“After all, reducing sentences for drug traffickers is likely to be an uphill climb when it is widely known that heroin overdose deaths are spiking to crisis levels (which, regrettably, they are), or that the violence correctly understood to be a handmaiden of drug dealing is on the rise,” he added. “It is thus in the Center’s interests to put the best face on recent crime figures.”

The Center, Otis noted, insists that because crime has decreased overall—due to stricter sentencing procedures—there is no long-term rise in crime happening: “Crime has dropped precipitously in the last quarter-century. While crime may fall in some years and rise in others, annual variations are not indicative of long-term trends. While murder rates have increased in some cities, this report finds no evidence that the hard-won public safety gains of the last two and a half decades are being reversed.”

“The ironies here are delicious,” Otis said:

“As the Brennan Center knows, the ‘hard-won public safety gains’ it mentions came about for a reason. To a large extent, they came about because of a generation’s worth of big changes in public policy the Center fought tooth and nail, and is still fighting—such things as a surge in the number of police; more aggressive and proactive policing strategies, including stop-and-frisk; statutes reining in the power of naive or ideological judges; and a significant increase in the use of incarceration. Accordingly, the shrewd thing to do is what the Center does—present an ominous crime picture in a gauzy and minimizing way. Unfortunately, the thousands of additional victims of violent crime our country has accumulated over the last two years do not have that luxury.

The Center gives a backhanded acknowledgement to this troubling fact when, considerably further down in its report, it buries these two short sentences:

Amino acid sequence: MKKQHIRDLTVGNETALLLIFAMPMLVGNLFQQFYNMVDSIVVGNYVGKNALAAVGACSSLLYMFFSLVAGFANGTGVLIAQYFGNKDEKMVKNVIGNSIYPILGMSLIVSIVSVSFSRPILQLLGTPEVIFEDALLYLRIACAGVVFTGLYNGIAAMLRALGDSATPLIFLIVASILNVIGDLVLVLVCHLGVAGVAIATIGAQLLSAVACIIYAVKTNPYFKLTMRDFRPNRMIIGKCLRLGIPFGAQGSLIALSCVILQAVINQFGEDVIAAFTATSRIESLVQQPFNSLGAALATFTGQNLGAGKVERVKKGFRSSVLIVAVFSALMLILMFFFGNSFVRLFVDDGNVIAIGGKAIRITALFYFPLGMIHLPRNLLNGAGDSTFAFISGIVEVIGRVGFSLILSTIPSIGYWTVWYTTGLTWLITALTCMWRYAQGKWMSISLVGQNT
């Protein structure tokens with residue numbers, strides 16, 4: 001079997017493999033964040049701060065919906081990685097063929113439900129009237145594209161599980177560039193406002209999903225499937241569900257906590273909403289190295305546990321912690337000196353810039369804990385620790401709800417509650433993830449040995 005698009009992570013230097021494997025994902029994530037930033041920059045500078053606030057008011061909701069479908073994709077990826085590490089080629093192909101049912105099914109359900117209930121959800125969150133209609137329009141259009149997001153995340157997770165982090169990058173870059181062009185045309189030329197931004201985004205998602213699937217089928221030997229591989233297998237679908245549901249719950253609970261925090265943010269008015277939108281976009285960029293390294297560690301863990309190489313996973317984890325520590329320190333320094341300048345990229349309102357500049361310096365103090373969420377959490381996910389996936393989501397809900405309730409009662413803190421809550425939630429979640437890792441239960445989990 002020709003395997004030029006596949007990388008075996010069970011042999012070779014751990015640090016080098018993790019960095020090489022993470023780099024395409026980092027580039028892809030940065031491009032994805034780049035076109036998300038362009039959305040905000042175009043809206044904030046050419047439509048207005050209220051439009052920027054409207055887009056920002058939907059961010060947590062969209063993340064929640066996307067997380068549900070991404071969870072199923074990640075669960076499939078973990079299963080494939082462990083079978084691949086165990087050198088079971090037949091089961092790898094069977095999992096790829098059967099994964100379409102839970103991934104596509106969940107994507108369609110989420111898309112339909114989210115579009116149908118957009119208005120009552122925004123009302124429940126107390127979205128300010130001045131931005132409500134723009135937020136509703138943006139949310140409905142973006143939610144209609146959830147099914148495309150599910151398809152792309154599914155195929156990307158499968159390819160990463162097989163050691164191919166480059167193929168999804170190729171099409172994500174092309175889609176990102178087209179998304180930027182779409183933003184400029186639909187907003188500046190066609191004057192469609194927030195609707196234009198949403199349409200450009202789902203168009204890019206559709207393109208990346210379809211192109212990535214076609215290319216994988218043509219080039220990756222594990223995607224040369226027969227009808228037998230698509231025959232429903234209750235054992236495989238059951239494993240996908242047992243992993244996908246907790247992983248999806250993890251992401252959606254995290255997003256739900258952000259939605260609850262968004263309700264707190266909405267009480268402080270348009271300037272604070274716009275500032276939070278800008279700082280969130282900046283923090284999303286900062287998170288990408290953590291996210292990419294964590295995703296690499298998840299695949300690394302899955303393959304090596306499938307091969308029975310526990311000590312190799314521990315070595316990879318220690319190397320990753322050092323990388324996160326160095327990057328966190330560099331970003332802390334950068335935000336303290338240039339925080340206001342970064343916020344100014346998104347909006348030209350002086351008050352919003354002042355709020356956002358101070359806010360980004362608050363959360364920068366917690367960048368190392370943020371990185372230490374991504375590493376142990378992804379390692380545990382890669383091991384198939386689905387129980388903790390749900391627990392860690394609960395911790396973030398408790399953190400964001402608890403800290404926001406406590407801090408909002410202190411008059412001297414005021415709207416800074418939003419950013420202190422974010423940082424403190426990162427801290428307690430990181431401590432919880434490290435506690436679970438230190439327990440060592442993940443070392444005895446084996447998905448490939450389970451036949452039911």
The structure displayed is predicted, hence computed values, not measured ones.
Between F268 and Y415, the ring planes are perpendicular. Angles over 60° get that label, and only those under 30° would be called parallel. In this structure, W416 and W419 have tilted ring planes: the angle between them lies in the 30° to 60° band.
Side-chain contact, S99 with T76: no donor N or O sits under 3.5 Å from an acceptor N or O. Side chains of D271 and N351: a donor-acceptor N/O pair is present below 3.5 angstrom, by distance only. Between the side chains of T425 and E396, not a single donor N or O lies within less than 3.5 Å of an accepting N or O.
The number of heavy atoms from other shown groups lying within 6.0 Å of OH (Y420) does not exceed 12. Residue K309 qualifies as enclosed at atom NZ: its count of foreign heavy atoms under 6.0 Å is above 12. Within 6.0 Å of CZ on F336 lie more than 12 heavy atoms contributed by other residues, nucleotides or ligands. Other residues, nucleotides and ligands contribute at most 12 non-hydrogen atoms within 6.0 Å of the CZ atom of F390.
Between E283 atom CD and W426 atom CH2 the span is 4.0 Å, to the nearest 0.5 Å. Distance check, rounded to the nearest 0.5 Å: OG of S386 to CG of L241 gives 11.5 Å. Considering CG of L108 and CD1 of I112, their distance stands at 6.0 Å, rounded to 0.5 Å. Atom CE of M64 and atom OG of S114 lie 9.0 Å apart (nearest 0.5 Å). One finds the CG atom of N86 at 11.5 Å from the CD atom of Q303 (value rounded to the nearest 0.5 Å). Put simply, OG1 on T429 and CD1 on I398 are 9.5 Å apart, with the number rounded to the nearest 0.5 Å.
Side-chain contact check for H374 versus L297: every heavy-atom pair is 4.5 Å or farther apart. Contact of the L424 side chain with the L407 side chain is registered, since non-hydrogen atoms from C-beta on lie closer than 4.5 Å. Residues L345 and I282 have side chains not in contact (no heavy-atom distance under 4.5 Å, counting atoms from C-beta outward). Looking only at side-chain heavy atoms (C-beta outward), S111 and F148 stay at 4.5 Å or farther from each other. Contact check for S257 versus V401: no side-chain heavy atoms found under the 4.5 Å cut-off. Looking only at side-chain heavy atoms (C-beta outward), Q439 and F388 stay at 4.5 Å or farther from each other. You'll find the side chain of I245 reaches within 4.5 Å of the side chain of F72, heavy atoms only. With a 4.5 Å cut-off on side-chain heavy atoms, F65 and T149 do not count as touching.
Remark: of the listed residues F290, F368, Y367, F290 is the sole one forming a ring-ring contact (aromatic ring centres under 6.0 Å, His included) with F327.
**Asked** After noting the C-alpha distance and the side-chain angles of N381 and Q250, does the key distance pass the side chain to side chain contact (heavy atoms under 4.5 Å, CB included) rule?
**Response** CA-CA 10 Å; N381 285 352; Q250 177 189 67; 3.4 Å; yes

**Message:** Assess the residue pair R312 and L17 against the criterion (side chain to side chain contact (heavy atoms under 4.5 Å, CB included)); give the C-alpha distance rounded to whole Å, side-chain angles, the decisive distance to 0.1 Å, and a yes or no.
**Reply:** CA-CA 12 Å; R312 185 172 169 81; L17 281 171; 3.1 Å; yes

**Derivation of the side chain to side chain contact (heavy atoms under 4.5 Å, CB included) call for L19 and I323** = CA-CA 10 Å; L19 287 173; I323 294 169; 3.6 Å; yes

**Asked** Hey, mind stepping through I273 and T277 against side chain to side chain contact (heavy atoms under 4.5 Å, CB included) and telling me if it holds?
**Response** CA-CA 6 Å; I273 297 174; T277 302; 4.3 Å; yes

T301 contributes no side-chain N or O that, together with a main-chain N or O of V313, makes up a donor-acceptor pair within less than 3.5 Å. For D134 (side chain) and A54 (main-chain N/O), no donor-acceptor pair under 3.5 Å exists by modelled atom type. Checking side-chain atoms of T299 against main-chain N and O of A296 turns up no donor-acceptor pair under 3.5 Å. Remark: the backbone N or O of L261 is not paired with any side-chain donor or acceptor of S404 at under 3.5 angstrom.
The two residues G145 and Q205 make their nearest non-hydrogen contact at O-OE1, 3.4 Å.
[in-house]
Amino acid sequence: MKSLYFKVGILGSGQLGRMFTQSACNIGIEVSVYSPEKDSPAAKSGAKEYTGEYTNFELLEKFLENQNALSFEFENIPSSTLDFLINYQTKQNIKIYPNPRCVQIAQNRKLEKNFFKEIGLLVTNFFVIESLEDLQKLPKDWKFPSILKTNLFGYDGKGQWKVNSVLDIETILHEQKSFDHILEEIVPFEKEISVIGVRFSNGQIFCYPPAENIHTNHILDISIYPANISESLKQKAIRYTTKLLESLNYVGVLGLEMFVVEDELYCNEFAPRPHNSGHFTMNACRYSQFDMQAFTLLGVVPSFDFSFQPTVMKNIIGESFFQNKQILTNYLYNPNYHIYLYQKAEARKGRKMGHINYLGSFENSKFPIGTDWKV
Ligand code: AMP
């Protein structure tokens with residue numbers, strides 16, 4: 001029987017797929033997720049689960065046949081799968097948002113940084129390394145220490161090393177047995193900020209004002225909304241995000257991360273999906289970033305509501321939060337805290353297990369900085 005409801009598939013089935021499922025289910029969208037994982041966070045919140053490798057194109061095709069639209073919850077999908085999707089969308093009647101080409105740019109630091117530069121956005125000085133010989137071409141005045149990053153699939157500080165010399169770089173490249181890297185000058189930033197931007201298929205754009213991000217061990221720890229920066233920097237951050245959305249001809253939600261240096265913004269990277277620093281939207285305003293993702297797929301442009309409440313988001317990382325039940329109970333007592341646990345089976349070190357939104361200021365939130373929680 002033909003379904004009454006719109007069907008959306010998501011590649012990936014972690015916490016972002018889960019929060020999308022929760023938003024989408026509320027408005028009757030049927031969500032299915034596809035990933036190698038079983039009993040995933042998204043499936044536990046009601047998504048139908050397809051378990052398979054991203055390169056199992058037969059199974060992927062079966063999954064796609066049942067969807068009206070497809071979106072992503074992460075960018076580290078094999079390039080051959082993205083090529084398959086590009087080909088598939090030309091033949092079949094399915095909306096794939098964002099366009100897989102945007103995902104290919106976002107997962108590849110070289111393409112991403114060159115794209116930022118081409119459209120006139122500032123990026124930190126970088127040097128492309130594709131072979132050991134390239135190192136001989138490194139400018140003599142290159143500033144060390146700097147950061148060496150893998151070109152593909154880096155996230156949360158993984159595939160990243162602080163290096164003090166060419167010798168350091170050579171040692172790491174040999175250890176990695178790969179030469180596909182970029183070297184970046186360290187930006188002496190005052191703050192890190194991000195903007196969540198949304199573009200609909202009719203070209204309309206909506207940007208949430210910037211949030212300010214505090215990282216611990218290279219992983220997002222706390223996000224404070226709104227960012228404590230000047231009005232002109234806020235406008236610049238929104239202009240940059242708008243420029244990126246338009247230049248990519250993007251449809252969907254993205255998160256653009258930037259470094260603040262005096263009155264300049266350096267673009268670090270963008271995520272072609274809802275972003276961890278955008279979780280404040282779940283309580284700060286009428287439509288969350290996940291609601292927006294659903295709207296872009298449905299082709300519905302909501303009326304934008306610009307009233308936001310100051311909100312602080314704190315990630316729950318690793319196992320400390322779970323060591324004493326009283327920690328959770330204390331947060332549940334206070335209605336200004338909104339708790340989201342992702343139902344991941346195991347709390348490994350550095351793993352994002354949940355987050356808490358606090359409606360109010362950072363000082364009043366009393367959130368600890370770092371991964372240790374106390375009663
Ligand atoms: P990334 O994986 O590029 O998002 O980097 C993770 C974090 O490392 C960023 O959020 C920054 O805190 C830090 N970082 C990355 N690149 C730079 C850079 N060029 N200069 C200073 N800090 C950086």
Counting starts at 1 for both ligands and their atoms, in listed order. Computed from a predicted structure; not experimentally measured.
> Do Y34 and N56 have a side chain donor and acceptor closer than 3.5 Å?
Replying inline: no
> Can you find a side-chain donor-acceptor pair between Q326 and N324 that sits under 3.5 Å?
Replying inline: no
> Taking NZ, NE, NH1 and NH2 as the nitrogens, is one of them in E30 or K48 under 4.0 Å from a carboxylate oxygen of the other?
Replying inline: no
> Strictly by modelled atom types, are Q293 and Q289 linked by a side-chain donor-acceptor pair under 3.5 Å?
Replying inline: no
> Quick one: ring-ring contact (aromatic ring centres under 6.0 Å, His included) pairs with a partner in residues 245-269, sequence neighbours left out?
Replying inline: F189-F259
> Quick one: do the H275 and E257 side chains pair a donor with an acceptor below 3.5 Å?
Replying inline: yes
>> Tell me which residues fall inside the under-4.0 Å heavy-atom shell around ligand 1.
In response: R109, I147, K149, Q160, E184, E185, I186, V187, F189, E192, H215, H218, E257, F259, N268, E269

With violence at historic lows, modest increases in the murder rate may appear large in percentage terms. Similarly, murder rates in the 30 largest cities increased by 13.2 percent in 2015 and an estimated 14 percent in 2016.

How’s that? In our 30 largest cities (where the African American population is heavily concentrated) crime the murder rate rose by more than a quarter in the space of just two years?

The Center points to no other two-year period in our more than 200 year history in which the murder rate has risen that fast. The well regarded (and by no means conservative) site FiveThirtyEight puts it more bluntly:

‘Murder almost certainly increased substantially in the U.S. in 2016, one year after it rose at its fastest pace in a quarter century.'”

The 2016 crime statistics will not be officially released until nine months from now, Otis said, “but data from individual police departments indicates that murder rose in most of the country’s biggest cities in 2016, in some cases dramatically.”

“Because a large share of murders take place in big cities, a substantial increase there means that the country’s overall murder total almost certainly rose as well,” he added.

But President Donald Trump’s popular law-and-order agenda, and U.S. Attorney General Jeff Sessions’ spirited reformation of the former Obama administration’s lax policies in the face of rising crime, may yet roll back the rising murder rate and prevent the deaths of many more Americans, including African-Americans living in many major cities. Sessions has directed the 94 federal U.S. Attorney’s Offices to work with state and local law enforcement to “specifically identify the criminals responsible for significant violent crime in their districts” and to seek mandatory minimum sentences in order to reverse the tide of violent crime.